The Peel Hunt Travel & Leisure analysts believe the key to investing in Leisure is finding the cost mitigation, LFL sales potential (through market positioning, pricing power, scope to innovate or refurbish) and acquisition firepower to offset rising labour costs.
The best sub-sectors can grow and embrace technology without attracting over-supply.
The historically neglected sub-sectors of bowling and low-cost gyms are generating the highest levels of innovation, returns and growth, through embracing technology and assisted by higher barriers to successful entry. We believe the opposite is true of the restaurant sub-sector.
Bowling market demand has increased at a 5.5% CAGR over the last five years even though there has been minimal change in the number of bowling centres.
Gym market. Almost all the gym market’s demand growth is being driven by two low-cost operators that are making health and fitness clubs affordable to a large share of the population for the first time. We forecast that their strong growth can continue for at least another six years without requiring much growth in market penetration (due to population growth and taking share from traditional/public gyms).
Pub market. The supply/demand dynamics of the pub market are more attractive than that of the restaurant sector. Drink-led pubs are less affected by restaurant over-supply and are benefiting from increased demand for events and experiences (live music, sport broadcasting, quiz nights, dart/pool competitions etc), which are helping to drive growth in numerous premium drink categories.
- Pub drink price increases are correlated to the current price level, implying that premium priced venues have less price-sensitive customers.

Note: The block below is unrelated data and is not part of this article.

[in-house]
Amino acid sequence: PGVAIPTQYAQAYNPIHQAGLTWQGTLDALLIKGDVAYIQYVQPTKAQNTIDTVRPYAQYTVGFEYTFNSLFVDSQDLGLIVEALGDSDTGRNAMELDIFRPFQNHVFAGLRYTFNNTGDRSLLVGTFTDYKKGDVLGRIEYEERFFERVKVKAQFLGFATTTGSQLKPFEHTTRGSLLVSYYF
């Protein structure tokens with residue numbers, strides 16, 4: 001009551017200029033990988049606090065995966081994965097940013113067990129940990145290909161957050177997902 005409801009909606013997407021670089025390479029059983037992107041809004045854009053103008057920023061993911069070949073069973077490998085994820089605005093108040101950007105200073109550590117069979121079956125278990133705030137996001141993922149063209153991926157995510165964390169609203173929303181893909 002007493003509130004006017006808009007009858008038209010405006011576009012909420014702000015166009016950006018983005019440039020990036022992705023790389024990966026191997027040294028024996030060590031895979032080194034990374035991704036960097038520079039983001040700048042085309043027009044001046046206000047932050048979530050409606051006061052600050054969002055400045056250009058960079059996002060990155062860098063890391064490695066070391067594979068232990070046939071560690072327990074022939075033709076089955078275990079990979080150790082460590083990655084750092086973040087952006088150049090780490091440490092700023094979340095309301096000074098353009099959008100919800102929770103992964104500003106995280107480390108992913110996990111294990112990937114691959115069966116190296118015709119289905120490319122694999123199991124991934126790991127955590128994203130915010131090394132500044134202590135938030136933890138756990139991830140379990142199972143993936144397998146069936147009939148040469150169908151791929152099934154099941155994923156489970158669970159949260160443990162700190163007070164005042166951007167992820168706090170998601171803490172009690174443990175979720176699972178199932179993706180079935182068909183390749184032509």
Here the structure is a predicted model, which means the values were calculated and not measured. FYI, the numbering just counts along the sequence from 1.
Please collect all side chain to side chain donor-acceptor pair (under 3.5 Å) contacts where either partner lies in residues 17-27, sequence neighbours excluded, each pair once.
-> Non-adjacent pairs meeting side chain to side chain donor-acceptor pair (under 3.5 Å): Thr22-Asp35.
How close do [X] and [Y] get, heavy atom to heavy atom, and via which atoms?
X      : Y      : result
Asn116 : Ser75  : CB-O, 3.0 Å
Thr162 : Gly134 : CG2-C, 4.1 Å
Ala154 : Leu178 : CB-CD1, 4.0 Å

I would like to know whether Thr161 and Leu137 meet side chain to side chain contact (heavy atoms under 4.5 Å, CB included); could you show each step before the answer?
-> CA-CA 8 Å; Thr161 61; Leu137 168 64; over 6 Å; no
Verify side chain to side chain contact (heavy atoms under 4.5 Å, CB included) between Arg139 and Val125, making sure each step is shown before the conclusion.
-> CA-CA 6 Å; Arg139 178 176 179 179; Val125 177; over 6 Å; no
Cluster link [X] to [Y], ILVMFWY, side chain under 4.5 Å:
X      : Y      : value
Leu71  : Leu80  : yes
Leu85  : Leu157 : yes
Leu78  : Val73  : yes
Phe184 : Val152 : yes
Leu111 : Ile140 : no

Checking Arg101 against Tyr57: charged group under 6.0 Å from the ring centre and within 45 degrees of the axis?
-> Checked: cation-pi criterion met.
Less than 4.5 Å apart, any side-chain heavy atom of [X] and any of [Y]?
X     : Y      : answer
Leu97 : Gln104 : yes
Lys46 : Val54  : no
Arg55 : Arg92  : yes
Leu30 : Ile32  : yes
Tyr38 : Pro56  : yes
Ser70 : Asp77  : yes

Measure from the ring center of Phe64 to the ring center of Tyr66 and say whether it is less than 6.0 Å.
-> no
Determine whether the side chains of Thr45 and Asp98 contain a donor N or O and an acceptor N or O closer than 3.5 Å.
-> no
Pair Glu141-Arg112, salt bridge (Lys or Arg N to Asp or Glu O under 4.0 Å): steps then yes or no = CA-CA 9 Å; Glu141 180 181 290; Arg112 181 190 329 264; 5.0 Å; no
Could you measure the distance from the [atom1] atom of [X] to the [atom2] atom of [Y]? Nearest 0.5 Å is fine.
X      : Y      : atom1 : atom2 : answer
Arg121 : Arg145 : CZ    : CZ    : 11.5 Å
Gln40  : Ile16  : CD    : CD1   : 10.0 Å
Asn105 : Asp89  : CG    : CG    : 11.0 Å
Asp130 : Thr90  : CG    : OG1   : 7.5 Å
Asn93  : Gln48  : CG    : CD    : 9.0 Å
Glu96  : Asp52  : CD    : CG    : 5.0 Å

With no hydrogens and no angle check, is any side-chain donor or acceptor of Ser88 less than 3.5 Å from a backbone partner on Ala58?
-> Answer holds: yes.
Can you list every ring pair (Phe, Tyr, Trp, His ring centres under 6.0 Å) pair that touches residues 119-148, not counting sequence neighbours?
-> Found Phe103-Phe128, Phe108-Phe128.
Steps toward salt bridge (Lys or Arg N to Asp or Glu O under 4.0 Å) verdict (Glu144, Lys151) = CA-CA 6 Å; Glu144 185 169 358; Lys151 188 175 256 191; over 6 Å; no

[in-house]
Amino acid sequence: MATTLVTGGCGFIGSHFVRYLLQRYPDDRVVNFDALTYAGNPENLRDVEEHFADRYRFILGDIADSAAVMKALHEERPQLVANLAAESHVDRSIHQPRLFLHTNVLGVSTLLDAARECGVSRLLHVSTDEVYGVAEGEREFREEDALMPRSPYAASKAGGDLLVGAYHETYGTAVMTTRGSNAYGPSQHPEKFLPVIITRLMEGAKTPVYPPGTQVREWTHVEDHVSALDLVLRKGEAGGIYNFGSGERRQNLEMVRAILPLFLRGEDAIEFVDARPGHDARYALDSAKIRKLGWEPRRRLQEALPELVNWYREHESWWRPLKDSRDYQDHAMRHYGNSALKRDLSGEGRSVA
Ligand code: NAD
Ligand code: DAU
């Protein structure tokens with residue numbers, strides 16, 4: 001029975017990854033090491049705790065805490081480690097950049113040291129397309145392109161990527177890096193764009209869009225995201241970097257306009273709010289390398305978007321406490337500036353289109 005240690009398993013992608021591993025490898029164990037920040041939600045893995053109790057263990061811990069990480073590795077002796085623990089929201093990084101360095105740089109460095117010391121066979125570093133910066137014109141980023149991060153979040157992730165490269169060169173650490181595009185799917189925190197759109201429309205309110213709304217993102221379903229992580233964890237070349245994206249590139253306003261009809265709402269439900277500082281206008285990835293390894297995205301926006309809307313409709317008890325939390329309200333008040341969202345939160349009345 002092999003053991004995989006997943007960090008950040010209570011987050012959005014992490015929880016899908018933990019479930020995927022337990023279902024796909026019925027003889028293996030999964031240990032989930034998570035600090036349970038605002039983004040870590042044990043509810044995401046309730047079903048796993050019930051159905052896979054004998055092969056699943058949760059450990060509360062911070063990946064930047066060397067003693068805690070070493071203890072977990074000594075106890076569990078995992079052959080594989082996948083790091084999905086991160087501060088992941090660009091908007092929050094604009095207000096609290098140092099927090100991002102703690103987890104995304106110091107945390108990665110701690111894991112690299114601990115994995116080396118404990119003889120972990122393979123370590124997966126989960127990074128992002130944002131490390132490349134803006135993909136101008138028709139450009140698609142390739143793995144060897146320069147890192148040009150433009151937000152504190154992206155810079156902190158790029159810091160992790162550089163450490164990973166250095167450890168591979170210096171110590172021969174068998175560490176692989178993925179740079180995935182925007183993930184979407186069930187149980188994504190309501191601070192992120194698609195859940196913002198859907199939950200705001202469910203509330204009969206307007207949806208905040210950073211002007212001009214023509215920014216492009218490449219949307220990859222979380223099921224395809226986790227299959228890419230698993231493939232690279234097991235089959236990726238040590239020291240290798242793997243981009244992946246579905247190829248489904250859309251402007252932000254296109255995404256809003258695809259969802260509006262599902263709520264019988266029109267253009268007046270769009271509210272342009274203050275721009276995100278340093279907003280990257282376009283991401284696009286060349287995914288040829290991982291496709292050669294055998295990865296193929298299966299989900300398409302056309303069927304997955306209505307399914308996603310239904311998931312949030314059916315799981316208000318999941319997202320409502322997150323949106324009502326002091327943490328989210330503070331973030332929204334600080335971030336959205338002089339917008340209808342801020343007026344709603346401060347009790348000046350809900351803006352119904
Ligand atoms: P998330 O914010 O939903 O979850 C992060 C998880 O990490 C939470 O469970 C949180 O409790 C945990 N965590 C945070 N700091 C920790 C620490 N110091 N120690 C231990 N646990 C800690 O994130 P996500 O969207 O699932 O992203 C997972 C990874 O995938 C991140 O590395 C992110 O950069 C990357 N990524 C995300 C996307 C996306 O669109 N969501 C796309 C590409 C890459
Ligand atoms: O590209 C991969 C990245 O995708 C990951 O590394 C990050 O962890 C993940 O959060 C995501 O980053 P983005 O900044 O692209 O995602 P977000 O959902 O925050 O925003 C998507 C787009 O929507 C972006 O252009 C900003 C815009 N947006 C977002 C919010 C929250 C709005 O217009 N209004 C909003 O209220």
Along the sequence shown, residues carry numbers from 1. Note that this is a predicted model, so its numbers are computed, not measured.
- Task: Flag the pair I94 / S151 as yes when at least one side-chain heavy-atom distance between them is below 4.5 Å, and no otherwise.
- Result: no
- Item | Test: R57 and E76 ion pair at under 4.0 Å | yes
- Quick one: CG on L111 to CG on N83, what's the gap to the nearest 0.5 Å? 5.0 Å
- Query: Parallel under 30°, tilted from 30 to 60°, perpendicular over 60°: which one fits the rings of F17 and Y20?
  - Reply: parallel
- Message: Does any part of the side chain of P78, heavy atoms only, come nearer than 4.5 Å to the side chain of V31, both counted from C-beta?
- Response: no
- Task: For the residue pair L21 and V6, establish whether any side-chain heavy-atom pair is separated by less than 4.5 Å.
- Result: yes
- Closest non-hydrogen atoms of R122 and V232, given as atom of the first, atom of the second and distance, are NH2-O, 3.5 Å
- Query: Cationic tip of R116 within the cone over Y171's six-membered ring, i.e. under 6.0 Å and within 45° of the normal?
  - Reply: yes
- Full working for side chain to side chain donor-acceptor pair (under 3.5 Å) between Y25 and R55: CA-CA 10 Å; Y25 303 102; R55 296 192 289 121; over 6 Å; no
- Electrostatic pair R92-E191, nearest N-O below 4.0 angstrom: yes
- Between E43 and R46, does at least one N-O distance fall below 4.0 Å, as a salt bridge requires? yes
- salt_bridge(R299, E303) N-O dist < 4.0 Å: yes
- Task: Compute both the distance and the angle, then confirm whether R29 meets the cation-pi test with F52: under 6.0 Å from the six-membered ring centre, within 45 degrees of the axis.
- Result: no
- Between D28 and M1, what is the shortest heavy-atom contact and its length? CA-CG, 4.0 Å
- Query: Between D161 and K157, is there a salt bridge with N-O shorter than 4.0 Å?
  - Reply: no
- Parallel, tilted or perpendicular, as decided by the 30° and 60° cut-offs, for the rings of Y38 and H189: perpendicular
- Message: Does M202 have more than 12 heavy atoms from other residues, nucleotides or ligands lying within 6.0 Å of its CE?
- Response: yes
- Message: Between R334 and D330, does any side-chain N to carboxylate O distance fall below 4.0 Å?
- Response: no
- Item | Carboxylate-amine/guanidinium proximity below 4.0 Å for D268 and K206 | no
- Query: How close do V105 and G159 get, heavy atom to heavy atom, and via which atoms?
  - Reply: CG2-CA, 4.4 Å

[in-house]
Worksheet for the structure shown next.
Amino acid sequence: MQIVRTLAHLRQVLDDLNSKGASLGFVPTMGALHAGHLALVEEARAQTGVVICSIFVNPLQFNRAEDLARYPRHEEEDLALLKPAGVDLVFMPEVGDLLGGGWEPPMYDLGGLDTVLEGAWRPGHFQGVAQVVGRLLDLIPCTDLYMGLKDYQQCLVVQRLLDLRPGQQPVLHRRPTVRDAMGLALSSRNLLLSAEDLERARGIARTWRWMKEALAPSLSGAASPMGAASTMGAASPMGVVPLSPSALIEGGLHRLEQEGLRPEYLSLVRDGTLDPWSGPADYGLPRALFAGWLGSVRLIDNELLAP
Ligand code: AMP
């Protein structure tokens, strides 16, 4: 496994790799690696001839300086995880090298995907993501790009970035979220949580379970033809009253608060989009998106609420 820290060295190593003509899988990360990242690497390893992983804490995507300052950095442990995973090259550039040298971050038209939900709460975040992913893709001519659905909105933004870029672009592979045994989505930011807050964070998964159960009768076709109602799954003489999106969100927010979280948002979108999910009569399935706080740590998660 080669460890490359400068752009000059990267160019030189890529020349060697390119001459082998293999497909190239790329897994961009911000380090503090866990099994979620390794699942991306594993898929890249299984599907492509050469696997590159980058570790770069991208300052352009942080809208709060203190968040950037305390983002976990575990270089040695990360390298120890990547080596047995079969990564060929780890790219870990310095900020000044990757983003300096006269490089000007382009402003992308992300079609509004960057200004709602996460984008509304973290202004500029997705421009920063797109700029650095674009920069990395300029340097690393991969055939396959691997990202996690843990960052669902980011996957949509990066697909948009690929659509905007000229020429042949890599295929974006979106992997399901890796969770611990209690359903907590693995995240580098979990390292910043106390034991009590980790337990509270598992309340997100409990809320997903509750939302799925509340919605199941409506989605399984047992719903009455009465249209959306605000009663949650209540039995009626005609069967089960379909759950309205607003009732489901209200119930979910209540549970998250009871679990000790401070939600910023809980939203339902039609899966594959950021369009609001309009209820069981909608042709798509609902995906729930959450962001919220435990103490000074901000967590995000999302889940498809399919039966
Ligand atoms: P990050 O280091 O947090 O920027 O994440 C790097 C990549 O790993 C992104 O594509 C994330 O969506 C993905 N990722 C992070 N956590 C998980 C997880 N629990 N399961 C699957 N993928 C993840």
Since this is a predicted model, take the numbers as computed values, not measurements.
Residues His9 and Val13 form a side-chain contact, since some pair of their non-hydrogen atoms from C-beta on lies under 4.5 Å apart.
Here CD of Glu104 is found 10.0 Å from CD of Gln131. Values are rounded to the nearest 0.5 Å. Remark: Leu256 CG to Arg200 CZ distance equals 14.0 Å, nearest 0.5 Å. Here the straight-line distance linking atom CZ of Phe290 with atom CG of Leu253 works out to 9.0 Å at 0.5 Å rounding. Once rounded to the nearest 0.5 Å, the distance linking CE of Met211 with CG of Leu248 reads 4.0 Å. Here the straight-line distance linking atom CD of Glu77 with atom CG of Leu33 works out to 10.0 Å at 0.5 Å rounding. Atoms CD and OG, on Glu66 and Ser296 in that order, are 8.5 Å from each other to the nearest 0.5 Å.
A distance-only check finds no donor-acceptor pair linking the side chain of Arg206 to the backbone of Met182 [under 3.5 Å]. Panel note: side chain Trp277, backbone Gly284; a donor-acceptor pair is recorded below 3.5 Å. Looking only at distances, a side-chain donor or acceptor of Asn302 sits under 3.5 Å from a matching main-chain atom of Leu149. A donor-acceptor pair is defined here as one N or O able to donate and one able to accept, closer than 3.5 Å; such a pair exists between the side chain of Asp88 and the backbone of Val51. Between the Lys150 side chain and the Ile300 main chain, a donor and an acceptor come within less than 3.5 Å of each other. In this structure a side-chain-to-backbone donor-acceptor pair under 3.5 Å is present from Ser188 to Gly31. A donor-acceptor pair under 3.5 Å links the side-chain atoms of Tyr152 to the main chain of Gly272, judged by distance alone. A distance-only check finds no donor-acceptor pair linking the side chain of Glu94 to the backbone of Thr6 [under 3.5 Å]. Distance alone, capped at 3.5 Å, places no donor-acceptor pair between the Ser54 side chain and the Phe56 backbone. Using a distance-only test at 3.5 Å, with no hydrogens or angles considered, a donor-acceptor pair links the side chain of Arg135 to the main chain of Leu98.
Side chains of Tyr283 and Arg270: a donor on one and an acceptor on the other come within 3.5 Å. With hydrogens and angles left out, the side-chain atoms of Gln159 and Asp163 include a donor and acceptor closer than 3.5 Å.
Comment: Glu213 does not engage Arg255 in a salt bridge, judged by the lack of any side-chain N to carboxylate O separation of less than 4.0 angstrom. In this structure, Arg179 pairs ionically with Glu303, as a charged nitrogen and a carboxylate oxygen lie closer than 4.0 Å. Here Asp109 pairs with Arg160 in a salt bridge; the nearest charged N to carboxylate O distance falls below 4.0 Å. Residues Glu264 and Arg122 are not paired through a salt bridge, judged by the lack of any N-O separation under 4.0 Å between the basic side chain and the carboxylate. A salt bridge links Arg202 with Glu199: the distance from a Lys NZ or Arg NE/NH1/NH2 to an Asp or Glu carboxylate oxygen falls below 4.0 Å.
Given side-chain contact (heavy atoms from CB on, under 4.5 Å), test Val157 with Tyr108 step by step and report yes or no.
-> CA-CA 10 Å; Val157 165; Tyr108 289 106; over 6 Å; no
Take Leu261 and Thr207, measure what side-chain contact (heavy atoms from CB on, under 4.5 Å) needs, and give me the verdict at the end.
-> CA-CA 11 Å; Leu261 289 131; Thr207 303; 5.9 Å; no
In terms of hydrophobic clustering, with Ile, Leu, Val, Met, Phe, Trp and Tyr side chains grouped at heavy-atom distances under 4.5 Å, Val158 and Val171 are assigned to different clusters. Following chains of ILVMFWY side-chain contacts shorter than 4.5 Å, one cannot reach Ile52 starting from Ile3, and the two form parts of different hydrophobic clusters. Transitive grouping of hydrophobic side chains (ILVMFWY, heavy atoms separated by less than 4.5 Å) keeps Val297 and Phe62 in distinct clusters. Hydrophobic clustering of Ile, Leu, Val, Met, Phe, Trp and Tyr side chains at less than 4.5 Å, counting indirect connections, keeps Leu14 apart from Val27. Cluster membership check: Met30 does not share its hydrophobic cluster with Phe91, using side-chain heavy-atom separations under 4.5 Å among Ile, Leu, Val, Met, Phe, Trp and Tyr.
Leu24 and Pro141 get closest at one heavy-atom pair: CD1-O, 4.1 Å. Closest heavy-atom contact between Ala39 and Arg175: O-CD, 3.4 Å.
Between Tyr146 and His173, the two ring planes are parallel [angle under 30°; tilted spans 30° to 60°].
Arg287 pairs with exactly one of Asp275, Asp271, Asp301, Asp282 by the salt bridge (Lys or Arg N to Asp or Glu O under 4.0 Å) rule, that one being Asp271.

- Tenanted pubs are performing at least as well as managed pubs. Managed pub LFL sales rose by 1.3% on average (2.5% in London; 0.9% outside) in 2018 (Coffer Peach Business Tracker). In comparison, the quoted tenanted operators generated average LFL net income growth of 1.5% last year.
Restaurant market demand is flat (including the ‘benefit’ of delivery growth), whereas supply has finally started to fall. The two largest costs are labour and food, and Brexit could exacerbate the upward pressure on both. Falling LFL sales have increased the average labour ratio to c35%, a level from which many restaurants may fail to recover.
- Overall, managed restaurant LFL sales fell by 1.2% (-0.6% in London; -1.4% outside) in 2018 (Coffer Peach Business Tracker).
- We believe this included 3-4% growth from delivery, which means average in-store LFL sales volumes were c-7% vs c+5% growth in the NLW.
- These trends, and limited pricing power, should result in restaurant supply falling. In our view, much cost and hardship will be endured in this sub-sector before supply and demand is rebalanced.
Food delivery market demand is growing at 9% pa, albeit with non-pizza cuisines outperforming from a lower base.
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